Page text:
(above quoted information was from a banner at Park Guell)

The Hypostyle Room was meant to be the market for the private estate. Look upwards when you’re there because you will discover surprises of art that Gaudi had incorporated into the ceiling!

Park Guell by Gaudi • The Petite WanderessPark Guell • The Petite WanderessPlaca de la Natura / Nature Square / The Greek Theatre

Partly dug into the mountain and partly held up by the Hypostyle Room, this open plaza once held all kinds of celebrations. Surrounding the edge of this open area is a continuous bench that is world-famous. Salvador Dalí had referred to the bench as the precursor of surrealism.

Park Guell • The Petite Wanderess

This continuous bench is decorated with beautiful trencadis – sometimes arranged purposefully, sometimes what appears to be random patterns. True to Gaudi’s thoughtfulness, the bench is ergonomic – he had a workman sit in soft plaster so he could recreate the anatomical curve accurately. It was very comfortable sitting on the bench!

Park Guell by Gaudi • The Petite Wanderess
in love with these beautiful broken ceramics of trencadis

Park Guell by Gaudi • The Petite Wanderess

It was also at this plaza where we noticed a guy walking around with very ‘unique’ jeans – the jeans were cut off where the buttcheeks were at 😂. He was escorted off by the police lololl.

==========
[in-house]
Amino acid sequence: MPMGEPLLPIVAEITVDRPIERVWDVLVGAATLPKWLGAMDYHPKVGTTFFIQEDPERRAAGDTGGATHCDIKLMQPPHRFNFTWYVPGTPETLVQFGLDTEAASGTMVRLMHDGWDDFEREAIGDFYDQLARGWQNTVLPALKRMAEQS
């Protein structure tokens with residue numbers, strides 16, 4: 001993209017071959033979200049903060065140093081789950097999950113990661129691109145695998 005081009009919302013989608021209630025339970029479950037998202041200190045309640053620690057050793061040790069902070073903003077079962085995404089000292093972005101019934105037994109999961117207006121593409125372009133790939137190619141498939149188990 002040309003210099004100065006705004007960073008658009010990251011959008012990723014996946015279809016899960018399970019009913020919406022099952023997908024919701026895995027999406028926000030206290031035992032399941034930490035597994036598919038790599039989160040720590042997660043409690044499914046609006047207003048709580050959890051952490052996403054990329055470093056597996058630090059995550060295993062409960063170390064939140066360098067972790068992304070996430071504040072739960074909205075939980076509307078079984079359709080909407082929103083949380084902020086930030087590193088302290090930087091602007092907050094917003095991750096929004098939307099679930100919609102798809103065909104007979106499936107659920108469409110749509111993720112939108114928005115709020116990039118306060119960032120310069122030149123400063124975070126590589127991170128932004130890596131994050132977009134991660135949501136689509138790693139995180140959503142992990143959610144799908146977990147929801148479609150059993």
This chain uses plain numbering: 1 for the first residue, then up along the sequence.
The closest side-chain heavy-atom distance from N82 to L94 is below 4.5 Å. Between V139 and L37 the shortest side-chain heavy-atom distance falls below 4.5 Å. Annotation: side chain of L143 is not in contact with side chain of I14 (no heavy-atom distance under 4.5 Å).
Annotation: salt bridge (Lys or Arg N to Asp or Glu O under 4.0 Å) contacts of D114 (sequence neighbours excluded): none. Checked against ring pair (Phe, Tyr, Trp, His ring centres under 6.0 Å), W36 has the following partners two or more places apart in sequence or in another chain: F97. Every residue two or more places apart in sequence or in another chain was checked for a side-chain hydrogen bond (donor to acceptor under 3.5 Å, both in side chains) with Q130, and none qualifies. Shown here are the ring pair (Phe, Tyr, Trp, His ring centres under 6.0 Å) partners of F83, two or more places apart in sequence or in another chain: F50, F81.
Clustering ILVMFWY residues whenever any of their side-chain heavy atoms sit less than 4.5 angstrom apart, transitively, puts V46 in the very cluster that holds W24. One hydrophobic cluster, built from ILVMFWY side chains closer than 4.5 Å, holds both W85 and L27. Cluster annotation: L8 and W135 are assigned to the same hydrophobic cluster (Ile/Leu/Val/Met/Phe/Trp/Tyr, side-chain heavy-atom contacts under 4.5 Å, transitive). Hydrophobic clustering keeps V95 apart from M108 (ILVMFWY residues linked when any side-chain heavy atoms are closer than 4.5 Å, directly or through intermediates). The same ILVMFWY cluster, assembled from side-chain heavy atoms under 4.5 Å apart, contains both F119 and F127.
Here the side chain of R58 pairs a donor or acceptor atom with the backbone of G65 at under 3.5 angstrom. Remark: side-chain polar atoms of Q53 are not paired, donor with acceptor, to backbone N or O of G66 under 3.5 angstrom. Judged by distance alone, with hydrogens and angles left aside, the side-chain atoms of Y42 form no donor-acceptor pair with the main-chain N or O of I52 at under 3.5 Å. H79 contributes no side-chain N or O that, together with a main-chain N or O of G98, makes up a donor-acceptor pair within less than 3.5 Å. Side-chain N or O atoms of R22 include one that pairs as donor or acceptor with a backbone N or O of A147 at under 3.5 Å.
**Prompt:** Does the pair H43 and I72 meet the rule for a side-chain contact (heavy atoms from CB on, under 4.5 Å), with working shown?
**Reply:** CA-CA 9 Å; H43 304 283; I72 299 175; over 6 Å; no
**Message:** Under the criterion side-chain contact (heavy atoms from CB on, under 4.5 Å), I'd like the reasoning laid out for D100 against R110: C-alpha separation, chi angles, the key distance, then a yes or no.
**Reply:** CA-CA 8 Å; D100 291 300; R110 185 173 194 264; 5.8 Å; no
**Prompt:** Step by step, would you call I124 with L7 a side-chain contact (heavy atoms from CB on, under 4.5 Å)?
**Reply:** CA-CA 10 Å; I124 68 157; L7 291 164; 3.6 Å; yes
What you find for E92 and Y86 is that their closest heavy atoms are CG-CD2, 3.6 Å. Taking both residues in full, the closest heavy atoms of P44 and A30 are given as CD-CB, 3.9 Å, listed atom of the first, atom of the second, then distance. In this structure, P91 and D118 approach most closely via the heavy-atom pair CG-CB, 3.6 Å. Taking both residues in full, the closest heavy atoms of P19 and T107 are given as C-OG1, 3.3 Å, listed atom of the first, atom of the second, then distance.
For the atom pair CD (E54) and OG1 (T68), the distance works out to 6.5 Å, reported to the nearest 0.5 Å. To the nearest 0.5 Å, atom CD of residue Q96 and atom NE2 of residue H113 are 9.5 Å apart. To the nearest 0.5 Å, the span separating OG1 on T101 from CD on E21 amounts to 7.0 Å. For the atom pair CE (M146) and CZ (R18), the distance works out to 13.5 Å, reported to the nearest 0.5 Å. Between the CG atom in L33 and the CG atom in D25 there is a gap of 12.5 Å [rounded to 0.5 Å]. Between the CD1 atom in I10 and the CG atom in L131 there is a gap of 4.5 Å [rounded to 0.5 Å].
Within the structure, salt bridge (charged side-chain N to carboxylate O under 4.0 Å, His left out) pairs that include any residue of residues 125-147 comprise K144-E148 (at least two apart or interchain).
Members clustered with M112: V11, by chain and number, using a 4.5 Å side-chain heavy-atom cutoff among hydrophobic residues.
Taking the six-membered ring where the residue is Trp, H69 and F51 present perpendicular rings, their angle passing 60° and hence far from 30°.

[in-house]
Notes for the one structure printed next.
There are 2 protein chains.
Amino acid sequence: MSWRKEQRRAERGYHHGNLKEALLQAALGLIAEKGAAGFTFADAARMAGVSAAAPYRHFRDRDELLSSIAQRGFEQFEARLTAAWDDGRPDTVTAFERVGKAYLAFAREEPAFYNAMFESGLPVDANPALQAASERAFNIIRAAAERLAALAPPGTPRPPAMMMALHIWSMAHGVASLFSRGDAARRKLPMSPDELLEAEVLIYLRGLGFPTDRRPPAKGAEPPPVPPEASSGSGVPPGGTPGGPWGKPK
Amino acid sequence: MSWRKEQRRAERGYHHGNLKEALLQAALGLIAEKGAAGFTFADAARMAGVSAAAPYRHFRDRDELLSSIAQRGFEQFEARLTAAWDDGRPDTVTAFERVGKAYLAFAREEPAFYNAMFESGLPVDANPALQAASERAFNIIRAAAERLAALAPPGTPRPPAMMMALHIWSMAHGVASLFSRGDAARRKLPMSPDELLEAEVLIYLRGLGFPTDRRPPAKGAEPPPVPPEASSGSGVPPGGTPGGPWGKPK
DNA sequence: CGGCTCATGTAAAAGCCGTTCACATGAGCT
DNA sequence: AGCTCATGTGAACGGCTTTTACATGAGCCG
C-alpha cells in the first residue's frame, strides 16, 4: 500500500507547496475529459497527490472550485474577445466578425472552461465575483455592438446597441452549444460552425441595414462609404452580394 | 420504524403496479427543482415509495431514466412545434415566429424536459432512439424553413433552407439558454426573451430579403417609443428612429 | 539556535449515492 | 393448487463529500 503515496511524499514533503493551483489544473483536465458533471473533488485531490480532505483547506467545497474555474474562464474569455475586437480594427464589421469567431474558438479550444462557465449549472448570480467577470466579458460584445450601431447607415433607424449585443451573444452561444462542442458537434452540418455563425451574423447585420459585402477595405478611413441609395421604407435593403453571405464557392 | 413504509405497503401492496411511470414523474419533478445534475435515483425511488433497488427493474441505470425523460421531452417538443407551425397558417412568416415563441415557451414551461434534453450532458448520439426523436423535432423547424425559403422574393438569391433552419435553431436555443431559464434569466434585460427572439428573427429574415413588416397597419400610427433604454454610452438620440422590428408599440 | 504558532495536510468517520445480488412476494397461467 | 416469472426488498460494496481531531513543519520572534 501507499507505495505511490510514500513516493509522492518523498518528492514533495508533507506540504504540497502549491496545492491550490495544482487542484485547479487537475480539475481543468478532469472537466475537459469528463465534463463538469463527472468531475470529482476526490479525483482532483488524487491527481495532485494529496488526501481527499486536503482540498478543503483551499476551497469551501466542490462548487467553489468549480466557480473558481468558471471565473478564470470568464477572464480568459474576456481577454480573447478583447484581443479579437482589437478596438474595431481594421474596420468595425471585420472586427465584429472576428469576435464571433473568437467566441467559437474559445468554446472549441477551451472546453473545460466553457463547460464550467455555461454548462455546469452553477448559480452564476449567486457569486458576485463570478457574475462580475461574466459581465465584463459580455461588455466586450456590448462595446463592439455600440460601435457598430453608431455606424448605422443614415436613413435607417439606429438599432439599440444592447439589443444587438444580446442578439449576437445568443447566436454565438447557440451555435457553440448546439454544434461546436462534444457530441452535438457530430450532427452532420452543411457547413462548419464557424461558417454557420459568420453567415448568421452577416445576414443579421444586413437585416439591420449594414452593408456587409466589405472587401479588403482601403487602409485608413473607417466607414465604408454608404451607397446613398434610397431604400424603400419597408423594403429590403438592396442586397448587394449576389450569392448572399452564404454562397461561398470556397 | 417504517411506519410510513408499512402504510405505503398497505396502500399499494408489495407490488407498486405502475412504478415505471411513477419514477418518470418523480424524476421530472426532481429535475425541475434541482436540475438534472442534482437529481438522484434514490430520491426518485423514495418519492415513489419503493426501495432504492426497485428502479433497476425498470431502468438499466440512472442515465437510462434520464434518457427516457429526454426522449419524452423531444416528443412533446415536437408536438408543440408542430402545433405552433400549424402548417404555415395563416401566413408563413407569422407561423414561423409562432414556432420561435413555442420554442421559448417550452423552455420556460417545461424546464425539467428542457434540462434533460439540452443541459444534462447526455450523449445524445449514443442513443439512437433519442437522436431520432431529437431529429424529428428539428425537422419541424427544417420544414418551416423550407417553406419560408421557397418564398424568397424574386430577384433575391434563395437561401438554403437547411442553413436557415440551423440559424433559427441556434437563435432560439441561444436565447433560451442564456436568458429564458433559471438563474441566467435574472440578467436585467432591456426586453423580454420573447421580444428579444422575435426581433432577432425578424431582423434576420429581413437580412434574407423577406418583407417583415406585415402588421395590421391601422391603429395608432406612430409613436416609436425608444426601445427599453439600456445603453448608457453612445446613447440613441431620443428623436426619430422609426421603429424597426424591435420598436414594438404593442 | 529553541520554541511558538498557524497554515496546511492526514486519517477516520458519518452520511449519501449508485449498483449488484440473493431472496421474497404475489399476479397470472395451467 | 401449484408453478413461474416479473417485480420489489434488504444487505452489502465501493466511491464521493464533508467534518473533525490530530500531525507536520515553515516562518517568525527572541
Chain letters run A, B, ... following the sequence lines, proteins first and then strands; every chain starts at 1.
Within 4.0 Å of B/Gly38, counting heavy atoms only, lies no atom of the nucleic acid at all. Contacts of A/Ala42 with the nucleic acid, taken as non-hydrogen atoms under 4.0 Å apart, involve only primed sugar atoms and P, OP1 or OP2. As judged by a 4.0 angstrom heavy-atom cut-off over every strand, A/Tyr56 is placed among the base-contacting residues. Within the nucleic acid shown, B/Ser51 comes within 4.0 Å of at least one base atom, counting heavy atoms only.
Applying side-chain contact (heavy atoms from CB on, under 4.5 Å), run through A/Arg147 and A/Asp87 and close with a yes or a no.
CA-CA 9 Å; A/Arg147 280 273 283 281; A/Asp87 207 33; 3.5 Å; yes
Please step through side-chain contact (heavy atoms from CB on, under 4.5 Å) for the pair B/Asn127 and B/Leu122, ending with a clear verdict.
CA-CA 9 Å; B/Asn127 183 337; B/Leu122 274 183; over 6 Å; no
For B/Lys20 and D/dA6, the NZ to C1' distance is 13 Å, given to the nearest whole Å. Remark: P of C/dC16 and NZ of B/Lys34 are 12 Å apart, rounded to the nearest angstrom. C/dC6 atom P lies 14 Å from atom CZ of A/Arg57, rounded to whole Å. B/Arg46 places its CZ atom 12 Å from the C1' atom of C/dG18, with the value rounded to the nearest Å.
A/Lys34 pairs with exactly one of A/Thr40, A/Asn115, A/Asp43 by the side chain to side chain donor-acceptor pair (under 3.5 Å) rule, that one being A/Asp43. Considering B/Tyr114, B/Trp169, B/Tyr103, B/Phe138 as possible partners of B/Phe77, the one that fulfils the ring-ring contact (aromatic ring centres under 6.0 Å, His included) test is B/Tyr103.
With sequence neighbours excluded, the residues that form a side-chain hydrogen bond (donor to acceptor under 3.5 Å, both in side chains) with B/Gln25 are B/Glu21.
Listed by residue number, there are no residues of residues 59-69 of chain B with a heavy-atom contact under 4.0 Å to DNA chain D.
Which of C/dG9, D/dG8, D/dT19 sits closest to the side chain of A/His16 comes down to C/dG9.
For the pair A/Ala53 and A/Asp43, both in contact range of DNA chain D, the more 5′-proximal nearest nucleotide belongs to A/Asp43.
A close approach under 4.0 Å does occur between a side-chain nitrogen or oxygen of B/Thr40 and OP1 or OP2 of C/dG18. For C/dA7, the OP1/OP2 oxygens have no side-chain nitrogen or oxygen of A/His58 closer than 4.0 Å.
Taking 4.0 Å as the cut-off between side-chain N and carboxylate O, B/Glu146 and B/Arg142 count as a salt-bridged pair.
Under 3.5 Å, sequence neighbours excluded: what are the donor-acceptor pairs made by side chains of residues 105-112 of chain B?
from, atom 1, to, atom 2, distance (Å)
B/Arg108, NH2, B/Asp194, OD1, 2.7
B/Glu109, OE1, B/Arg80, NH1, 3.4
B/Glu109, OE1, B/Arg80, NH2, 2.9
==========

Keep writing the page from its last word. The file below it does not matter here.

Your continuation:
Theme #3: Nature


The next area you’ll explore consists of whimsical pathways, porticos, and columns that appear to be growing out of the earth. Play spaces were created from the creative blending of architectural features as well as the area’s natural aspects.

Park Guell by Gaudi • The Petite Wanderess

Park Guell • The Petite Wanderess
Portico of the Washerwoman

Park Guell by Gaudi • The Petite Wanderess

Park Guell by Gaudi • The Petite Wanderess


The final theme: Spirituality


Unfortunately, I cannot write on the last theme as I have no memory of this area of the park at all?!? The landscape is supposed to be more rugged, the incline turns steeper. I probably left through a different exit as there’re different entry & exit points at Park Güell.

For the last theme of Park Guell, Gaudi had intended the path’s visitor to feel as if one is on a religious pilgrimage. What an experience it would be!

http://viewportmagazine.com/architecture/antoni-gaudis-park-guell-the-original-theme-park/

Do you feel like seeing Gaudi’s Park Guell with your own eyes?


Visiting Spain? Check out these posts!

Why You Need to Step Inside Sagrada Familia
Gaudi’s Casa Batllo – The House with No Straight Lines


Visited: Nov 2013

Information credits & additional sources: Park Guell’s website | Viewport Magazine (the best article I found about Park Guell)

Image credits: Ceiling mosaic photo is licensed under the Creative Commons Attribution-Share Alike 3.0 Unported license, and belongs to Wikipedia user Delialendeczki.  ‘Gumdrop’ window photo was taken by Flickr user Librarygroover, image licensed under Creative Commons BY-ND 2.0.

All other photos featured in this post belong to me.

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Park Guell by Gaudi • The Petite Wanderess